·         Find an outlet.  Chronic illness is hard. Period.  And without an outlet things are bound to head south.  For me, I know that I would never be able to get through this experience without my faith.  My faith allows me to make sense of things and create a framework in which I can function day to day with chronic illness.  So my faith (and in turn my ministry) is a major outlet for me personally.  Also another outlet for me personally is blogging.  It allows me to both share my faith as well as my experiences with chronic illness.  In writing about it, I am forced to process it (okay, not exactly forced.  I could write empty words but I choose not to.  I think you know what I mean).  Maybe you are a blogger too (which I imagine many of you are since this is posted on a blog).  Maybe your outlet is art or music.  Maybe you write short stories.  Regardless of what it is, finding an outlet is so important.  I’m just going to step on my soapbox very briefly (I promise) to say that maybe you are at a point where it would be beneficial to see a professional counselor.  If so, please go.  You will benefit greatly.  I hate that our society paints such a negative picture sometimes of those who seek counseling.  I went to see a professional counselor while we were in the midst of infertility and my looming hysterectomy and I am so very, very glad that I did.  So please, if you feel like you would benefit, make that call.  Ok, I’m off my soapbox now.
·         Wear cute lounge clothes instead of grubby sweats.  Grubby sweats have their place (if worn sparingly) but in the midst of a flare, doesn’t it make you feel worse feeling all grubby?  Again, maybe it’s just me!  LOL.   Maybe it means cute flannel pants (I used to have a pair with pigs on them that I loved!).  Or cute socks (toe socks anyone?).  Maybe it’s trying your pony tail with a ribbon.  Anything to help you feel more beautiful and feminine is a plus in my book and I know gives me a boost when I’m feeling low.
·         Know your limitations.  This is definitely not my favorite.  It’s not fun and it is definitely where I struggle the most.  I like being in control and having my independence and doing what I choose.  But unfortunately that is not always the case.  There are days when I have to say “no.”  There are days when I have to ask for help.  Know when you need to ask for help too.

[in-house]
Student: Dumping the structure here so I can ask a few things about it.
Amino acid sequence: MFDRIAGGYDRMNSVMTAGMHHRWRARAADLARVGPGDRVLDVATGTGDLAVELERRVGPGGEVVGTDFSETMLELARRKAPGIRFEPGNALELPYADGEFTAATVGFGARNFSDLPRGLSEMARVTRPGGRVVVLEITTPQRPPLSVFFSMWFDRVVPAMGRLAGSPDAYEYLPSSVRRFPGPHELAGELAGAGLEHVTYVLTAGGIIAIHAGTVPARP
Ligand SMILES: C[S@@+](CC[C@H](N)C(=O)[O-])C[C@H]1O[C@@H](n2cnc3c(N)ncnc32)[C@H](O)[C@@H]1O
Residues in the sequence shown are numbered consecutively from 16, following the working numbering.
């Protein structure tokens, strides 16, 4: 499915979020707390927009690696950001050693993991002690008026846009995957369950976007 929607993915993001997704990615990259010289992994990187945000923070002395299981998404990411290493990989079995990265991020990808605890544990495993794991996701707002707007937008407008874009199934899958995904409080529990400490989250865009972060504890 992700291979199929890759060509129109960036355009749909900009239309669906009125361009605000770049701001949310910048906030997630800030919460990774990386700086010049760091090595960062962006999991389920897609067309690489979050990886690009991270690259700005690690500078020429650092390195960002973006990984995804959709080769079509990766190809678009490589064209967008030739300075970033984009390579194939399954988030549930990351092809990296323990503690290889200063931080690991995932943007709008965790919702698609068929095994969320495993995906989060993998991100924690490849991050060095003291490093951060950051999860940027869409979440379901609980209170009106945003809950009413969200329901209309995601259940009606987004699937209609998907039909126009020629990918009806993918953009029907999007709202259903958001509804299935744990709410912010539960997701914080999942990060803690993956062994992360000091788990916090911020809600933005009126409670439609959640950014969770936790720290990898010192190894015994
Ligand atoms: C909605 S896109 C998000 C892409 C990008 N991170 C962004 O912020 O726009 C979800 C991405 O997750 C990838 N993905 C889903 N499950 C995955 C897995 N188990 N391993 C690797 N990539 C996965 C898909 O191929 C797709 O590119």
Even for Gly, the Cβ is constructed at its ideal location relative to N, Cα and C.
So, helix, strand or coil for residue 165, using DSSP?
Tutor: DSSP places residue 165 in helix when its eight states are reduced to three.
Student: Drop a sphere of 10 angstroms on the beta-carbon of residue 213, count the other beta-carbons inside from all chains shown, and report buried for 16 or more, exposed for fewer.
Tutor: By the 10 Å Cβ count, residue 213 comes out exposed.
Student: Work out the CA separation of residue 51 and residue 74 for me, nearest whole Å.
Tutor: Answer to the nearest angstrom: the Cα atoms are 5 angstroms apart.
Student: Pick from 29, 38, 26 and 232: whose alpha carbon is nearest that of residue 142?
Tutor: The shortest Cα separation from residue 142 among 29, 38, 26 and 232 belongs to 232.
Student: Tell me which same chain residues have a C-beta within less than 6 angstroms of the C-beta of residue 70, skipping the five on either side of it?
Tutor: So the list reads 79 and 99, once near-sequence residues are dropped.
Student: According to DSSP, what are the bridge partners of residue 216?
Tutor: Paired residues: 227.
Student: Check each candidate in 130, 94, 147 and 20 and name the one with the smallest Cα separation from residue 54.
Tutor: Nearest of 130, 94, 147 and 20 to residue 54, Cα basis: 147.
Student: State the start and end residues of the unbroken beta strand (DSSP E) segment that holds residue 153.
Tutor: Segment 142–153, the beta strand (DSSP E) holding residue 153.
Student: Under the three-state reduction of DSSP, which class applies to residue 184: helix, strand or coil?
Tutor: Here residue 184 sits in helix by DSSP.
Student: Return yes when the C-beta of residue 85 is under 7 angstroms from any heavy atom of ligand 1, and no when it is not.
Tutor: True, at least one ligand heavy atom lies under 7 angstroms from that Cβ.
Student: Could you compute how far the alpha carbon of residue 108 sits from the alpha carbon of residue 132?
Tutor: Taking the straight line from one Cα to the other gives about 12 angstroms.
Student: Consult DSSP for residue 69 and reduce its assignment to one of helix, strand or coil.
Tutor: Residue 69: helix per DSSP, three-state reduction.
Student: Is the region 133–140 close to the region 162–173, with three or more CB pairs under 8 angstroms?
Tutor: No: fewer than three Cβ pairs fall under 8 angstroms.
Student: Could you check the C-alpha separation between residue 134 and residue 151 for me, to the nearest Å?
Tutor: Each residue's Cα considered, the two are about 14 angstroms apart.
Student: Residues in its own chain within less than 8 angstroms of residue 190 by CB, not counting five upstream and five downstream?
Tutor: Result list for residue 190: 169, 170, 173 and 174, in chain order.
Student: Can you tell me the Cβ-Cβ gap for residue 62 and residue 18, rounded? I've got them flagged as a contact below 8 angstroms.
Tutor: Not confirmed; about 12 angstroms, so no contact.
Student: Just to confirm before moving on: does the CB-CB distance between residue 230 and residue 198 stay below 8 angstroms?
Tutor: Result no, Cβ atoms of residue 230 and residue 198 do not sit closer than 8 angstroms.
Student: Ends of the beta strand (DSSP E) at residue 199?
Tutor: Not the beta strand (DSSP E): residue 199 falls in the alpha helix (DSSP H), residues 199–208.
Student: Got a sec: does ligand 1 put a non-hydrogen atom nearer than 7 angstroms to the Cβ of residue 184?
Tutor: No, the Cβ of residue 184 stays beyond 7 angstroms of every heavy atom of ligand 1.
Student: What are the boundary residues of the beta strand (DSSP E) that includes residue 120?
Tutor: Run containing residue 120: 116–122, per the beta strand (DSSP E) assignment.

I hope this has helped you in some way, shape, or form (at least pretend for me, ‘kay?).  Over at A New Kind of Normal, we will be having a month long series called “Making Time for Me in May” so please come over and join in!

I recommend you go, go, go!! Jamee's blog is filled with inspiration, interesting medical news, and motivation tips.  So good.  A great first guest blogger :).  Hopefully there will be more! xo, Annie


Dawn said...

These are excellant pieces of advise. I especially like making your space more beautiful. I spent quite a bit of time redecorating my master bath, since I spend so much time in there with IC and soaking worn out muscles related to my CFS/ME. I need to work on my bedroom - that would be nice. In the den, I have all of my DVDS arranged and a beautiful fish tank that my son maintains that I can see very well from my position on the couch.

Thanks again

Toni said...

This is such an inspiring post! I need to remember to surround myself with beautiful things. I'm headed over to A New Kind of Normal to look at Jamee's blog.

Thanks Annie and Jamee.

Anonymous said...

Thank you for a great post, and it's so nice to "meet" you!

I'm a firm believer in surrounding myself with beautiful things too, and it can be so simple. I also try to stimulate my other sense, by lighting candles and turning on my digital picture frame while I listen to music. I find during really bad flares, if I keep my other senses busy, it distracts a bit from the pain ;) If been meaning to write a post about this, but haven't

Take care,